What should Georgia voters be more upset about? Elected officials who enact legislation that they know is illegal or elected officials who are so disconnected from the needs of their constituents and the capacities of our public systems that they actually think the legislation is a good idea?
After three years of fighting to ensure that the Farm Bill protects hunger-relief programs and advances our mission of a hunger-free America-- we have a resolution. Thank you constituents and champions, your voice made a difference. Today, Congress finalized a new Farm Bill, after the Senate’s 68-32 vote to pass H.R.
Representative Greg Morris of Vidalia got a lot of attention a couple of weeks ago promoting a proposed bill that would require Georgians receiving SNAP/food stamps to pass a drug test before receiving help to feed their family.
On day 2 of this Food Stamp Challenge, it had become apparent to me that when my food choices are limited all you can do is think about food. There was certainly a time when out of necessity, much of the days energy was centered on where the next meal would come from, but most of us now live outside of scarcity in the luxury of choice.
I recently attended a reception and was introduced to a civic leader in the community. When she learned that I was the executive director of the Food Bank, she looked me in the eye and said she doesn’t like to support people who use food stamps because they buy things she views as unhealthy. When asked for examples, she mentioned soft drinks, snack food, beer and cigarettes.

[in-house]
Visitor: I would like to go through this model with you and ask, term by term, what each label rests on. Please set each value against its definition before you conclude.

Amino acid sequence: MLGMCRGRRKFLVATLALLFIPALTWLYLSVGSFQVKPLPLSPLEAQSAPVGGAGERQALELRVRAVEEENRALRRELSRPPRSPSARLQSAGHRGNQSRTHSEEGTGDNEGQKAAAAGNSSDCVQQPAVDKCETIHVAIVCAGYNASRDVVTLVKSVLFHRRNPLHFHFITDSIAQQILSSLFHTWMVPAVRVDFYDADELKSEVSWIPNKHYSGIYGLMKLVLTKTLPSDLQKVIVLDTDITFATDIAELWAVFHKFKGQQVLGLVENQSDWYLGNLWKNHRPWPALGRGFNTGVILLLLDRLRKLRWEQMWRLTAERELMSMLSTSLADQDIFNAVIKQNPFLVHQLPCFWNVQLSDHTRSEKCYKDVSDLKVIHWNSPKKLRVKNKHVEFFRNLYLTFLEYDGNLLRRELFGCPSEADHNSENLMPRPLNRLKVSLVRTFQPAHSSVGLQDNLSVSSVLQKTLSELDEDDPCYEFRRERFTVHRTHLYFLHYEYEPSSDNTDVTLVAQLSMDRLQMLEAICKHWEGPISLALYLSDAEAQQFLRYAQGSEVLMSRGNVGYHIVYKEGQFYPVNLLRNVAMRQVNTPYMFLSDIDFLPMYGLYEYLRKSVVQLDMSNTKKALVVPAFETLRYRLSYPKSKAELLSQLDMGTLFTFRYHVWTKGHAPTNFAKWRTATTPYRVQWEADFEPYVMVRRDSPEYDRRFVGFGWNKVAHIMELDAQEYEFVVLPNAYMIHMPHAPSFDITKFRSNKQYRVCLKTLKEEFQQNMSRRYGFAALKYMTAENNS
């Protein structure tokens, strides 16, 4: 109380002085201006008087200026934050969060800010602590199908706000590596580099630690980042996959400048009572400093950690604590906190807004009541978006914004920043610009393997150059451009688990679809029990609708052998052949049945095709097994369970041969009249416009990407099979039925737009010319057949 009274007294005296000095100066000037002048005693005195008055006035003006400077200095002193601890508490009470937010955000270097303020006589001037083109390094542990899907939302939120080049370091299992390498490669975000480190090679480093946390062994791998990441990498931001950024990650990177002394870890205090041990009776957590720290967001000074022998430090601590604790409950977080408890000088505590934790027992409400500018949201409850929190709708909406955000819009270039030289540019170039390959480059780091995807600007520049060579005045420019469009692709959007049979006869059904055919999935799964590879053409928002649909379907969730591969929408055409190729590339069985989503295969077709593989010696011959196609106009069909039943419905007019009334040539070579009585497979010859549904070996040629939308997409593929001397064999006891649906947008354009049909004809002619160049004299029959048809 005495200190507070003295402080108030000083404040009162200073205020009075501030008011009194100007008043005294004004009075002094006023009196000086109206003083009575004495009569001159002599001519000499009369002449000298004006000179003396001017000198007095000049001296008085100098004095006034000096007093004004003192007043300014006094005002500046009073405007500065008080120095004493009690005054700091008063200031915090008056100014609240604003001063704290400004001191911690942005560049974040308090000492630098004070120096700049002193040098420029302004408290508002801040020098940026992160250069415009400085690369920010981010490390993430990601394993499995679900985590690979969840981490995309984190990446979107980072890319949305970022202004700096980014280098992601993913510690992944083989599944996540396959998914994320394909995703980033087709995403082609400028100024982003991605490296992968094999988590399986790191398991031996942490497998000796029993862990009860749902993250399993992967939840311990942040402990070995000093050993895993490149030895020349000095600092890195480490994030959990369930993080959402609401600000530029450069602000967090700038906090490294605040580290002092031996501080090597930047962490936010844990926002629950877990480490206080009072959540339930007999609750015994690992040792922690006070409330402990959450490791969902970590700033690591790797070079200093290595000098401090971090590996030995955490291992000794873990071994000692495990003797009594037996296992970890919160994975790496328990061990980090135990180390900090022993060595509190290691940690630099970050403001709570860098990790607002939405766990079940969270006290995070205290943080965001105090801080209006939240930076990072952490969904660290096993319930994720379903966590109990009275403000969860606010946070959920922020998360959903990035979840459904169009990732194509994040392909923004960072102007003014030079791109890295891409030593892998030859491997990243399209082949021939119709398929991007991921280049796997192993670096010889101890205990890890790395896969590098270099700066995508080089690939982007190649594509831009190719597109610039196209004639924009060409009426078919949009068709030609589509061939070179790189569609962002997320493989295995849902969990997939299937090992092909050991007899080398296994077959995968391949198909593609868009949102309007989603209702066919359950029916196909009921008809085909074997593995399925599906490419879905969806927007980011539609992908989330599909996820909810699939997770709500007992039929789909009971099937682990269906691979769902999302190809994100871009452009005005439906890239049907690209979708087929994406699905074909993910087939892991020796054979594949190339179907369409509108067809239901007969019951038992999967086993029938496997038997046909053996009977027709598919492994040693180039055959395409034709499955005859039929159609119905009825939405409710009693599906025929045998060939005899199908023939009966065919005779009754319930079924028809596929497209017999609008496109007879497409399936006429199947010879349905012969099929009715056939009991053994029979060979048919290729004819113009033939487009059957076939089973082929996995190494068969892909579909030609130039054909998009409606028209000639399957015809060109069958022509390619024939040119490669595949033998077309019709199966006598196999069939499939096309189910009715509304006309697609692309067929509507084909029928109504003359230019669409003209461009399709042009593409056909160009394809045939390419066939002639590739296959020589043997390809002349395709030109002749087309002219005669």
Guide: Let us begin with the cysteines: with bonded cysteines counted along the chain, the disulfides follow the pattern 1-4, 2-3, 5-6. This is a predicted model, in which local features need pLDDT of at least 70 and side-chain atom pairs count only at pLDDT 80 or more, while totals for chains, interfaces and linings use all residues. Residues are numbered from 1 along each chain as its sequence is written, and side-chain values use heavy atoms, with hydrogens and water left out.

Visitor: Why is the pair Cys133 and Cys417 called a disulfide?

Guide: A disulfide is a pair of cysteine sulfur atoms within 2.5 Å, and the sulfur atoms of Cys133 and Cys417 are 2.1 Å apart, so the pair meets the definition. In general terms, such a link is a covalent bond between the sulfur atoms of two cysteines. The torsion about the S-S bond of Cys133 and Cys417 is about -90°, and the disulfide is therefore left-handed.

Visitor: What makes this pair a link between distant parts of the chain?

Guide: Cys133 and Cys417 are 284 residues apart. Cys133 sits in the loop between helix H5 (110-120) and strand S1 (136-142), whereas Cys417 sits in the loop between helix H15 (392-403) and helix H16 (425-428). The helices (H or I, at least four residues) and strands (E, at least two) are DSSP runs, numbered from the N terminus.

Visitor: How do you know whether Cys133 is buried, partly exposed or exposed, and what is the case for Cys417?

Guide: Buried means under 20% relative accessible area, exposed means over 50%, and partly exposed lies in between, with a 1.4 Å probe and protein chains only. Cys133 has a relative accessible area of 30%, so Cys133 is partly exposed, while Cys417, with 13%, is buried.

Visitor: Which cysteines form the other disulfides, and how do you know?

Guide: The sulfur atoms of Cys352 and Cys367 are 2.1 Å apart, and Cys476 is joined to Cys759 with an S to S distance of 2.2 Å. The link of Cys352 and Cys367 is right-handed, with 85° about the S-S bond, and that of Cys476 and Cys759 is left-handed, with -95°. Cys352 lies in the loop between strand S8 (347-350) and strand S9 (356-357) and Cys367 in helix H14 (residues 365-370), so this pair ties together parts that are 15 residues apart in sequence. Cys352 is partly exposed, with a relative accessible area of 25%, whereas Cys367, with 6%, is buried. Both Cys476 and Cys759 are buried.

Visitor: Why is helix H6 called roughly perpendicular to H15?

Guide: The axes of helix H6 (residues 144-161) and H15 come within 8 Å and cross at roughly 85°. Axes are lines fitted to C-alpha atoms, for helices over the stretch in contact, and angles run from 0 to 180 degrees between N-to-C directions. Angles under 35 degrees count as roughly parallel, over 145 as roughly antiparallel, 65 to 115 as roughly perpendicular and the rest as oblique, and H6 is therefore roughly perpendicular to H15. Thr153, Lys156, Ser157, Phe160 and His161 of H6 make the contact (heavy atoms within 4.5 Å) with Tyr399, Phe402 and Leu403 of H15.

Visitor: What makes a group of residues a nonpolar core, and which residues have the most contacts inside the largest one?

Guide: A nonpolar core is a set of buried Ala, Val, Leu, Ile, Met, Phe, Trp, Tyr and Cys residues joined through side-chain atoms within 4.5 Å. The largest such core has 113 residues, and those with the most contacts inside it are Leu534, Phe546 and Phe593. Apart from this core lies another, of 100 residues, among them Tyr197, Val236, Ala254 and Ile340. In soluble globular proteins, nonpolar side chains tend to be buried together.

On November 1, 2013, every single person who relies on food stamps (SNAP) to help them feed their families will see a cut in the amount they receive. It has nothing to do with the federal shutdown, nor with the House of Representative’s bill that attempts to cut $40 billion from the program over the next 10 years. This is simply the expiration of a modest 2009 boost in benefits to SNAP recipients, which was included in the American Recovery and Reinvestment Act (ARRA) to strengthen the economy and ease hardship.
The House of Representatives will be debating a proposed $40 billion cut to the nation’s food stamp program (now known as SNAP) this week. For a short, bipartisan update on the issue, this piece by former Republican Senate Majority Leader Bob Dole and former Democratic Senate Majority Leader Tom Daschle is a good place to start.
Think food stamps aren’t going to people who really need them? After losing her job “making really decent money” in 2010, Jessica took two jobs to make ends meet. She was still able to manage her expenses, but then was struck by the unexpected. Food stamps provided the safety net she needed. Hear the rest of the story in Jessica’s words:
Think food stamps aren’t going to people who really need them? Marvin moved to Atlanta for a better life after his wife passed away. But as much as he thrives on work, it’s been hard to find a steady job. To make matters worse, he was hit by a car and is still healing from his injury. Food stamps continue to be a life-saver during this difficult time in his life. Hear the rest of the story in Marvin’s words:
As you have all likely heard, last week, the House of Representatives decided to proceed with the Farm Bill by splitting it into two separate pieces of legislation—a farm only bill, which would cover agriculture programs, and a nutrition bill. It remains to be seen what will happen with the nutrition bill, which would fund critical anti-hunger programs like food stamps/SNAP and TEFAP.
“When just five people call, we know we need to pay more attention.”